On October 1, Journal of Biological Chemistry published a research work online entitled “Poly(ADP-ribosyl)ation of FOXP3 Mediated by PARP-1 Regulates the Function of Regulatory T Cells” from a team of researchers led by Bin Li, Institut Pasteur of Shanghai, Chinese Academy of Sciences. This study shows PARP-1 negatively regulates FOXP3 stability and the suppressive function of Regulatory T cells (Treg) at the post-translational level via FOXP3 poly(ADP-ribosyl)ation.
Treg cells are a subpopulation of CD4+ T cells that induce and maintain peripheral tolerance and modulate immune responses. Dysregulation of the development and function of Treg cells has been shown to be associated with many immune-related diseases including autoimmune diseases, chronic inflammation, acute and chronic infection. Forkhead box P3 (FOXP3), known as a key transcription factor of Treg cells, is required for their development, maintenance and function. Studies have shown that the transcriptional activity, stability and localization of FOXP3 are regulated at post-translational levels including acetylation, ubiquitination and phosphorylation. Furthering our understanding on the regulation of FOXP3 stability and its dynamic regulation in Tregs can thus provide therapeutic clues on how to control major inflammatory diseases including autoimmunity and allergic diseases.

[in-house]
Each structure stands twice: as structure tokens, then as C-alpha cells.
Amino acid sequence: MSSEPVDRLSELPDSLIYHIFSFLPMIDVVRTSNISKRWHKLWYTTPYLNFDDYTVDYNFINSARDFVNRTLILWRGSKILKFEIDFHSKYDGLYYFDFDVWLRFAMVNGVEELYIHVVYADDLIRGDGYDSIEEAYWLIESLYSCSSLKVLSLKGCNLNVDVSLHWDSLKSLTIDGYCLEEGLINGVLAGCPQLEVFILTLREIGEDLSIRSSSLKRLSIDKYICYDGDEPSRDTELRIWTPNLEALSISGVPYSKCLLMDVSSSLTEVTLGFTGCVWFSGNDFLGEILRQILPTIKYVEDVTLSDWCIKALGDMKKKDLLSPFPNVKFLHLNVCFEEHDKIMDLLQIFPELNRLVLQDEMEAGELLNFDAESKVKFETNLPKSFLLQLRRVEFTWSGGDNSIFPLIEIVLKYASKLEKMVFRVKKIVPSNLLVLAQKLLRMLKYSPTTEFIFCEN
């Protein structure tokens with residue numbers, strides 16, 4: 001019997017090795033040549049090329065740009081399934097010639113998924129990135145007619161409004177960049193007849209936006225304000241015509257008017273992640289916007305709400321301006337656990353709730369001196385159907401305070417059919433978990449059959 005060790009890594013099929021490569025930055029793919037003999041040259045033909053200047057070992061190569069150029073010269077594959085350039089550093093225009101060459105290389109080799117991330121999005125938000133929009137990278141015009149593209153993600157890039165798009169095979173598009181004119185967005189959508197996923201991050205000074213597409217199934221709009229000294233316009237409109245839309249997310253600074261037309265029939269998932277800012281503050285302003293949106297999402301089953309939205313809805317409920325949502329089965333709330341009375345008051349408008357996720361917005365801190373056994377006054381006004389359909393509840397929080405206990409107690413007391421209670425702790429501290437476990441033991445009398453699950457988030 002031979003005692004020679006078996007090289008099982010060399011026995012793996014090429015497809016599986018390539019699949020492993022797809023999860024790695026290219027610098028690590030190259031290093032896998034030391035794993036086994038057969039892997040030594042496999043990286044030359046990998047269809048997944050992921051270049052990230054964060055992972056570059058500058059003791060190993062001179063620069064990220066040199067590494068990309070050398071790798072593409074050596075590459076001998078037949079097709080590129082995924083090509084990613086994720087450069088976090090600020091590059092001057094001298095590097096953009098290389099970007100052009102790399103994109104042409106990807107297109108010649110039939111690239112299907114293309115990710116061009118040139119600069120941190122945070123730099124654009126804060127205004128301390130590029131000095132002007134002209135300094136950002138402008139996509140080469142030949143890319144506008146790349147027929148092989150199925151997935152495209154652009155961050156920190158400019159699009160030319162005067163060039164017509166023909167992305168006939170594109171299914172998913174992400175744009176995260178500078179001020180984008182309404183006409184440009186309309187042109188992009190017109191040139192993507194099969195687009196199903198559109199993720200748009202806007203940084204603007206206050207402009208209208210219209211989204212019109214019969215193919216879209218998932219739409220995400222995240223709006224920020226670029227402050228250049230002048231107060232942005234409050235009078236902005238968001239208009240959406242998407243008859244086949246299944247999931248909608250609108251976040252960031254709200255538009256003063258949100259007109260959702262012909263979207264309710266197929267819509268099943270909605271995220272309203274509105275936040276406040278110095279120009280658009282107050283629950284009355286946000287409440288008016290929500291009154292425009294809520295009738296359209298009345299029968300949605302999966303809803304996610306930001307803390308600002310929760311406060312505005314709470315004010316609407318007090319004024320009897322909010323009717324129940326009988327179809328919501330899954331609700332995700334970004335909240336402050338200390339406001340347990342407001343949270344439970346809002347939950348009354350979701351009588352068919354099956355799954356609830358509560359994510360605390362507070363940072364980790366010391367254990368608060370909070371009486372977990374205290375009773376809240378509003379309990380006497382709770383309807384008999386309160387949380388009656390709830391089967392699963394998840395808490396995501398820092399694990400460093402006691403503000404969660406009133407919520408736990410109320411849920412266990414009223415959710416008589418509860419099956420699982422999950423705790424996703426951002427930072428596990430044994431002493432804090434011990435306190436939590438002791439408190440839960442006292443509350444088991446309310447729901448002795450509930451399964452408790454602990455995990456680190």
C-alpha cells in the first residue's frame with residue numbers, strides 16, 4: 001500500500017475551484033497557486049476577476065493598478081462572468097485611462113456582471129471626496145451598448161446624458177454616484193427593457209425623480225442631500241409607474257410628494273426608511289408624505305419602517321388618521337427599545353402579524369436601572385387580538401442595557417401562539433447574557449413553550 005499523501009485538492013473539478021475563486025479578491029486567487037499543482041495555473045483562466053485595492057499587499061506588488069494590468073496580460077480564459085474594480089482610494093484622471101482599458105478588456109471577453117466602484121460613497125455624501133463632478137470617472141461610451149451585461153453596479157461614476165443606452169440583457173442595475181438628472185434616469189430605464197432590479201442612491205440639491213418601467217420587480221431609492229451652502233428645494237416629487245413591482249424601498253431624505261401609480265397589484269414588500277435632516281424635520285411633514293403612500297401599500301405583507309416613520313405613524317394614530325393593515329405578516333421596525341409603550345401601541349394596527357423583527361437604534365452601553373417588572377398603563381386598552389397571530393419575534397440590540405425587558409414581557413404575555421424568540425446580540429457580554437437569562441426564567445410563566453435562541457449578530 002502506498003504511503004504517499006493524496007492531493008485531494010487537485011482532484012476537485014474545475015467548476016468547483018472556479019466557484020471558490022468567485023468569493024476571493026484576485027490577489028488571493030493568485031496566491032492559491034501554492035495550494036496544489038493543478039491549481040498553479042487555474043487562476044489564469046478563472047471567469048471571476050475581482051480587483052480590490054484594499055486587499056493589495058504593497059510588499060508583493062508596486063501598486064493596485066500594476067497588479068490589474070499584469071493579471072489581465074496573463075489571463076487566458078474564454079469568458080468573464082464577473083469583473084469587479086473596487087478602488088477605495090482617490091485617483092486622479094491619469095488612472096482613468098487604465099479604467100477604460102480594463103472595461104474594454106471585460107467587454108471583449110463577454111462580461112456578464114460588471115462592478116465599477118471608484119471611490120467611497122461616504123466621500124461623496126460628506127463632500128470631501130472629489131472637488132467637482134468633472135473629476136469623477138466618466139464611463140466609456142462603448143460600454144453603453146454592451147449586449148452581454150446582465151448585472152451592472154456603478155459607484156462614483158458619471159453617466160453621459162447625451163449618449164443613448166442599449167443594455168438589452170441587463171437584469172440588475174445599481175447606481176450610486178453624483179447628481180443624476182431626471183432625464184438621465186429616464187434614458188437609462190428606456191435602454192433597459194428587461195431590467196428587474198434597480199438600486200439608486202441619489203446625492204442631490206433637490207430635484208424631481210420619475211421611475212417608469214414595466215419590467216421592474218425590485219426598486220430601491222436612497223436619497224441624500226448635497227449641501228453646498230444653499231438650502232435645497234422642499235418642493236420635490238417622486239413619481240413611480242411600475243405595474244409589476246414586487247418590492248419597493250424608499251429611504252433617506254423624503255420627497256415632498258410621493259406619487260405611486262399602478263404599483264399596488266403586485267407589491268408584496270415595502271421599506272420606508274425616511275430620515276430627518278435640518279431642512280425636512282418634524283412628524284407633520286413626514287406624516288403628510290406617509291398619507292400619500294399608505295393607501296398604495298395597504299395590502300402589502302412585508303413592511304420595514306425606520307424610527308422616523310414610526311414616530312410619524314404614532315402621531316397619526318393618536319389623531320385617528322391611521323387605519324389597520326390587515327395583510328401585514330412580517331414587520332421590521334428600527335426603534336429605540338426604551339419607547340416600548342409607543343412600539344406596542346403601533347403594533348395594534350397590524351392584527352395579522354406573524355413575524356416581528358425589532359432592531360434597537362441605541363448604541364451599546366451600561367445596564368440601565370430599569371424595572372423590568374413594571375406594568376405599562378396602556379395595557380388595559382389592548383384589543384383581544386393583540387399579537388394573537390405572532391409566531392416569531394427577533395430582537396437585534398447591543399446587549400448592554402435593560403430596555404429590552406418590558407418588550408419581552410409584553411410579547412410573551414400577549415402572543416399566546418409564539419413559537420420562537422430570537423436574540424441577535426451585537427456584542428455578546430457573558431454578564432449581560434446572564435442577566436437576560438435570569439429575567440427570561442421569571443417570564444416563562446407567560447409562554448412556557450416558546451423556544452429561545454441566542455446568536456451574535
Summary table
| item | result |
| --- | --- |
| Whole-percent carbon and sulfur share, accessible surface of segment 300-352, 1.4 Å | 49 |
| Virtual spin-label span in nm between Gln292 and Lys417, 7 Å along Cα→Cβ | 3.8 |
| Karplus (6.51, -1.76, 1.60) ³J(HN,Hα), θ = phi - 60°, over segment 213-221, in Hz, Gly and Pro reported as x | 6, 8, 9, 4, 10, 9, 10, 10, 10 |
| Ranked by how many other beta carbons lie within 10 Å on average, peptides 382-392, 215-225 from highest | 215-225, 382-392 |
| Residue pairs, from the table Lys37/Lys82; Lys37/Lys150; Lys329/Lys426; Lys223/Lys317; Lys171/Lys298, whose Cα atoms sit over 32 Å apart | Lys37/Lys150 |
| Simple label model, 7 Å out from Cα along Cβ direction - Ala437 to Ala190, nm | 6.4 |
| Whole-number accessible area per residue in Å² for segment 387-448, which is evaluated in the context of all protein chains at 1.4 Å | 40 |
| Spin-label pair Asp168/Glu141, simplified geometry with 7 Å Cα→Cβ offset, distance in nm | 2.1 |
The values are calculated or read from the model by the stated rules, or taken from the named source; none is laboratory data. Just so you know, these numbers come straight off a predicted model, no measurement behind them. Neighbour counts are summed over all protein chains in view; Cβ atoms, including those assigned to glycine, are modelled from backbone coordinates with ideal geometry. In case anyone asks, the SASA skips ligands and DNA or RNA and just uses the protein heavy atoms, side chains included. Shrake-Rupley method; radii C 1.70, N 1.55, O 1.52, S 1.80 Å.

Recently, Xuerui Luo, Jia Nie and Shuaiwei Wang supervised by Professor Bin Li at Institut Pasteur of Shanghai, CAS, under the collaboration with professor Hui Hu at the University of Alabama at Birmingham, Birmingham and professor Wanjun Chen at the National Institute of Dental and Craniofacial Research, reveal a novel molecular pathway that how PARP-1 negatively regulates the suppressive function of Treg cells. In this study, they demonstrate that PARP-1 binds to FOXP3 and induces poly(ADP-ribosyl)ation of FOXP3. More importantly, they find that after the treatment with PARP-1 specific inhibitors, the decreased poly(ADP-ribosyl)ation of FOXP3 in Treg cells lead to increased level of FOXP3 by preventing proteasome-mediated degradation, resulting in increased suppressive function of Treg cells. This research suggest that PARP-1 negatively regulates the suppressive function of Treg cells at the post-translational level through FOXP3 poly(ADP-ribosyl)ation. Furthermore, more specific PARP-1 inhibitors will be required both as tools and therapeutics of autoimmune diseases based on the role of PARP-1 in immune system.
This work was supported by Chinese National Program on Key Basic Research Project, National Natural Science Foundation of China, Shanghai Key grant and Shanghai Three-year Plan on Promoting TCM Development.
Fig. A: Poly(ADP-ribosl)ation of FOXP3 in vitro. Fig B: PARP-1 promotes poly-ubiquitination of FOXP3. Fig C: PARP-1 inhibitors stabilize FOXP3 protein level. Fig D: PARP-1 inhibitor enhances Treg cells suppressive function.